New York-based technology firm Verint Systems recently launched a product called "IntelliFind" that claims impressive capabilities. The system is designed to be attached to the phone lines at a company's call center, where it silently monitors every telephone call, and -- using advanced voice recognition technology -- picks out conversations in which certain keywords are spoken, dumping a digital recording into a searchable database. "You can decide you want to see all the calls where product 'xyz' was mentioned, and then you can pick one and listen to that entire call," says Alan Roden, Verint's VP of corporate development.
If IntelliFind sounds like something that would normally be found on a supercomputer humming in an NSA basement, there's a reason. Behind business intelligence offerings like IntelliFind, and a line of networkable video cameras, Verint is a leading maker of electronic surveillance equipment and software for the United States and other governments. And it turns out that while other technology firms are struggling in a down economy, the business of helping governments with their spying may be a growth industry. In quarterly results announced Wednesday, Verint, a subsidiary of Comverse Technology, posted record sales of $42 million for the fourth quarter of fiscal year 2002 -- the company's third straight quarter of growth since going public in May 2002.
"During the year we believe that a greater interest in gathering intelligence to prevent criminal activity by government and law enforcement agencies resulted in greater demand for our communication interception solutions," said company president Dan Bodner in a conference call for analysts. "Over the past year we enhanced our competitive position by entering new markets, expanding our customer base, and introducing new capabilities for the analysis of content and culled data collected from wireline, wireless and data networks."
Among those new markets was an unnamed country "in the Latin America region" whose government recently placed a multi-million dollar order for communications interception systems, said Bodner.
Bodner didn't say what the Latin American government bought with that money, but the mainstay of Verint's electronic surveillance business is its "STAR-GATE" and "RELIANT" products, which operate on the supply and consumption sides of domestic spying respectively. The RELIANT system acts as a government agency's big ear, collecting and managing intercepted voice, e-mail, fax, SMS, data, chat, and Web browsing -- all on a single platform. On the delivery side, STAR-GATE does the actual wiretapping, and is primarily marketed to telephone companies trying to comply with the 1994 Communications Assistance for Law Enforcement Act (CALEA), which requires telecommunications carriers to keep their networks wiretap friendly for the FBI. An ISP version of STAR-GATE lets Internet providers conduct lawful surveillance of their customers and send the intercepted data to law enforcement over private networks.
PATRIOT PROFITS. With recent legislation and court decisions granting U.S. law enforcement agencies greater spying powers than they've had since the Nixon administration, government surveillance solutions look like a good bet, and other technology companies are getting in on the game. Last Fall, VeriSign launched its "NetDiscovery" service -- a turnkey CALEA solution for telephone companies that sends intercepted communications to law enforcement over a national IP-based network, using Verint STAR-GATEs for the taps. And last August, computer security company Network Associates got into the Carnivore business with its acquisition of Utah-based Traxess, makers of the "DragNet" Internet spy tool.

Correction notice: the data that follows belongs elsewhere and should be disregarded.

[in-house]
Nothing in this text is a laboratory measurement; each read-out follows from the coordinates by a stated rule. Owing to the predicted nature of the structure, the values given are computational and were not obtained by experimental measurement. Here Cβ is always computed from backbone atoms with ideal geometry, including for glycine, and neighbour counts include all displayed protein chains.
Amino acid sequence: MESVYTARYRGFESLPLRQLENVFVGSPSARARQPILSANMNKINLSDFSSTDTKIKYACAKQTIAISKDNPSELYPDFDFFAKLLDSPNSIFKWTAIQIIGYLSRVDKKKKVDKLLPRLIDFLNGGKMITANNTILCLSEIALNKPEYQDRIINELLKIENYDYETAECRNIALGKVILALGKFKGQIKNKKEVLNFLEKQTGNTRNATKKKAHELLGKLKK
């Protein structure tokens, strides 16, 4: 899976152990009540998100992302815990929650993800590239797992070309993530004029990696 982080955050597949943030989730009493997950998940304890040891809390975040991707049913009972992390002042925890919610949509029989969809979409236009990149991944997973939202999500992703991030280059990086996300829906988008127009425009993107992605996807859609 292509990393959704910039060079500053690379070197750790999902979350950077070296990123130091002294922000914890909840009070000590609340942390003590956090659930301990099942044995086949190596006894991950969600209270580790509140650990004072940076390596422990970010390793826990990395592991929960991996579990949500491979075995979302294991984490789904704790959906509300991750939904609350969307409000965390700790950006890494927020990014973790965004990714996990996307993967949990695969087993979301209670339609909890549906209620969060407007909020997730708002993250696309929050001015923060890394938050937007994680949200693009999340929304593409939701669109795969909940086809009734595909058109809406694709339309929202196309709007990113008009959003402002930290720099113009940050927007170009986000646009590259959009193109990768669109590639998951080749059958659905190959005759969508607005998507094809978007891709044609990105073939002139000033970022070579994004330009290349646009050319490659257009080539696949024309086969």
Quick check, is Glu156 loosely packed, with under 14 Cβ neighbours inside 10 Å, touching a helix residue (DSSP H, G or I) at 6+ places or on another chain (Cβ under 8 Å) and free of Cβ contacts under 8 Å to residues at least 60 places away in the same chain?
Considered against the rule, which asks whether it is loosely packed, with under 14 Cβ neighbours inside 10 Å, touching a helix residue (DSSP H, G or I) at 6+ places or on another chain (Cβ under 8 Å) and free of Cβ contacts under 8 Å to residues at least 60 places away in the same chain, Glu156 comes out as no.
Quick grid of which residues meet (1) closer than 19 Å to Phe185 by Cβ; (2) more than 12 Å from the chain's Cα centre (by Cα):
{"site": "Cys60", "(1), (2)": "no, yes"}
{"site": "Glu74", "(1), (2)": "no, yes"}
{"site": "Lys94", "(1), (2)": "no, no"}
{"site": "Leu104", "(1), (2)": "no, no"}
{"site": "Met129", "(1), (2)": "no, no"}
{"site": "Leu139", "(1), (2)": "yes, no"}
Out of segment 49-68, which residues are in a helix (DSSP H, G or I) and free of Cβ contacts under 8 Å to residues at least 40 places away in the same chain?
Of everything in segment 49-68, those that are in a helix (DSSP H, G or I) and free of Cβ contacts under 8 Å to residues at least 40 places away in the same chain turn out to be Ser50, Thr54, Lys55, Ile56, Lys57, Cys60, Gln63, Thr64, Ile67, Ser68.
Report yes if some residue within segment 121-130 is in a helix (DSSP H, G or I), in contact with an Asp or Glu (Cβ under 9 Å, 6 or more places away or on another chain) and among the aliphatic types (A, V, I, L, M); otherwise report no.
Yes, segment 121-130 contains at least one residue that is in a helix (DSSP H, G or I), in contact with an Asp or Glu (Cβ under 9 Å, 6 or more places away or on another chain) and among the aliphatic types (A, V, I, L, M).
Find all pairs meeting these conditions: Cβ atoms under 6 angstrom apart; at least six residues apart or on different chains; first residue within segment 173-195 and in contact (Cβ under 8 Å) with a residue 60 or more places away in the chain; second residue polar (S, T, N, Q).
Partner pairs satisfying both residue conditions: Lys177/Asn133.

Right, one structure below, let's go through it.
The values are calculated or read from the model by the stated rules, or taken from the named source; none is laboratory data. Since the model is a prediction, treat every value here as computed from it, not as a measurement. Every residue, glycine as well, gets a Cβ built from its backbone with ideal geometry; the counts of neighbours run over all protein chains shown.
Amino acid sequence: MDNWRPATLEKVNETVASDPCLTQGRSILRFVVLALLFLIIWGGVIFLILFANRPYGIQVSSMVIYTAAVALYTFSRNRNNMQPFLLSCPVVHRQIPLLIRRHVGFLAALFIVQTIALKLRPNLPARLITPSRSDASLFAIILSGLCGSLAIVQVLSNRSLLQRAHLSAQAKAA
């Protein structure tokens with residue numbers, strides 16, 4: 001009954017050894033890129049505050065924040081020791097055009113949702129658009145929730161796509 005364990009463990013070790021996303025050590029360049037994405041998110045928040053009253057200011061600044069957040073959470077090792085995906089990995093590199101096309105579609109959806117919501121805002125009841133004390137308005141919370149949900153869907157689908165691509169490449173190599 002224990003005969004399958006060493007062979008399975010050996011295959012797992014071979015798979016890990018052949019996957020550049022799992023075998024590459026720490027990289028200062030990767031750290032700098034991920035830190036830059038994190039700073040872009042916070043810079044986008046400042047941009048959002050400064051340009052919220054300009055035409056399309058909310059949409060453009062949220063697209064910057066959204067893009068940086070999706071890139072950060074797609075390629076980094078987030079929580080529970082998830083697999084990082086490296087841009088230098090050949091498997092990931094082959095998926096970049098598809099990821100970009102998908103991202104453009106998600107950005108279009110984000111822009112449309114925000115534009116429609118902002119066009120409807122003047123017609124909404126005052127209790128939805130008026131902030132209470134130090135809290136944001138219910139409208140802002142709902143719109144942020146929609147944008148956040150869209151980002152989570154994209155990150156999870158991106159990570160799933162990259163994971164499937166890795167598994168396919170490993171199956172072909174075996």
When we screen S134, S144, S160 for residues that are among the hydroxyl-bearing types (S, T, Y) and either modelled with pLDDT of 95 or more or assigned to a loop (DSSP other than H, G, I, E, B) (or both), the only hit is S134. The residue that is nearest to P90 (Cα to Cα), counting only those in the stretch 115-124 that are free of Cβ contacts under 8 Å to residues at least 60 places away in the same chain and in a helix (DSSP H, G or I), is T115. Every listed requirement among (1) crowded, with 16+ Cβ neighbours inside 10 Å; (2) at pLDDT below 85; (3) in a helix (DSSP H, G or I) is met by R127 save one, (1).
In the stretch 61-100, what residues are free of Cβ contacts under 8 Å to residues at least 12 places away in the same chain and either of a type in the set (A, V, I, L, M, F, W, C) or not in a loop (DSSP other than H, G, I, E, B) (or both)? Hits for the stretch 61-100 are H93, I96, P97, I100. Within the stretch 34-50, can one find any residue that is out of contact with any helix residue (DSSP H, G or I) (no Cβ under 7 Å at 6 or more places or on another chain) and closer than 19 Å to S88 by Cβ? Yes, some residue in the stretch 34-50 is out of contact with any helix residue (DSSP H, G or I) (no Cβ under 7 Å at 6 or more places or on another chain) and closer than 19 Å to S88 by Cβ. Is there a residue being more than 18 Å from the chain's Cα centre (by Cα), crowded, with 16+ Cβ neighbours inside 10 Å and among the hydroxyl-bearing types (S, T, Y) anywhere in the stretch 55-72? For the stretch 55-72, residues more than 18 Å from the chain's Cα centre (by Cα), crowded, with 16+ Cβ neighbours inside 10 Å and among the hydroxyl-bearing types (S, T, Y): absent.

And for every company that makes the news with a surveillance system, there may be countless more that nobody's ever heard of. When the non-profit Electronic Privacy Information Center recently obtained a list of companies vying for a piece of the Defense Department's "Total Information Awareness" computerized spying project, the list of bidders included nearly as many obscure companies as it did brand name defense contractors. "It looks like there's this whole world of these little security technology companies that are probably doing well these days," says EPIC attorney David Sobel.
But Gartner analyst John Pescatore isn't convinced that there's big money in domestic surveillance. Instead, he says, the real opportunities are in helping the U.S. perform surveillance internationally. Indeed, according to its quarterly report, Verint has a subsidiary that provides communications interception solutions to what's described demurely as "various U.S. government agencies." The subsidiary's offices hold a facility security clearance from the Defense Department, and are located in Chantilly, Virginia, a stone's throw from most of America's intelligence agencies.
"Certainly with the USA-PATRIOT Act and all this homeland security stuff, there's been more effort in domestic collection," says Pescatore. "But the domestic type money has been a lot slower to start flowing than the national intelligence stuff... There's been definite growth there."
By Kevin Poulsen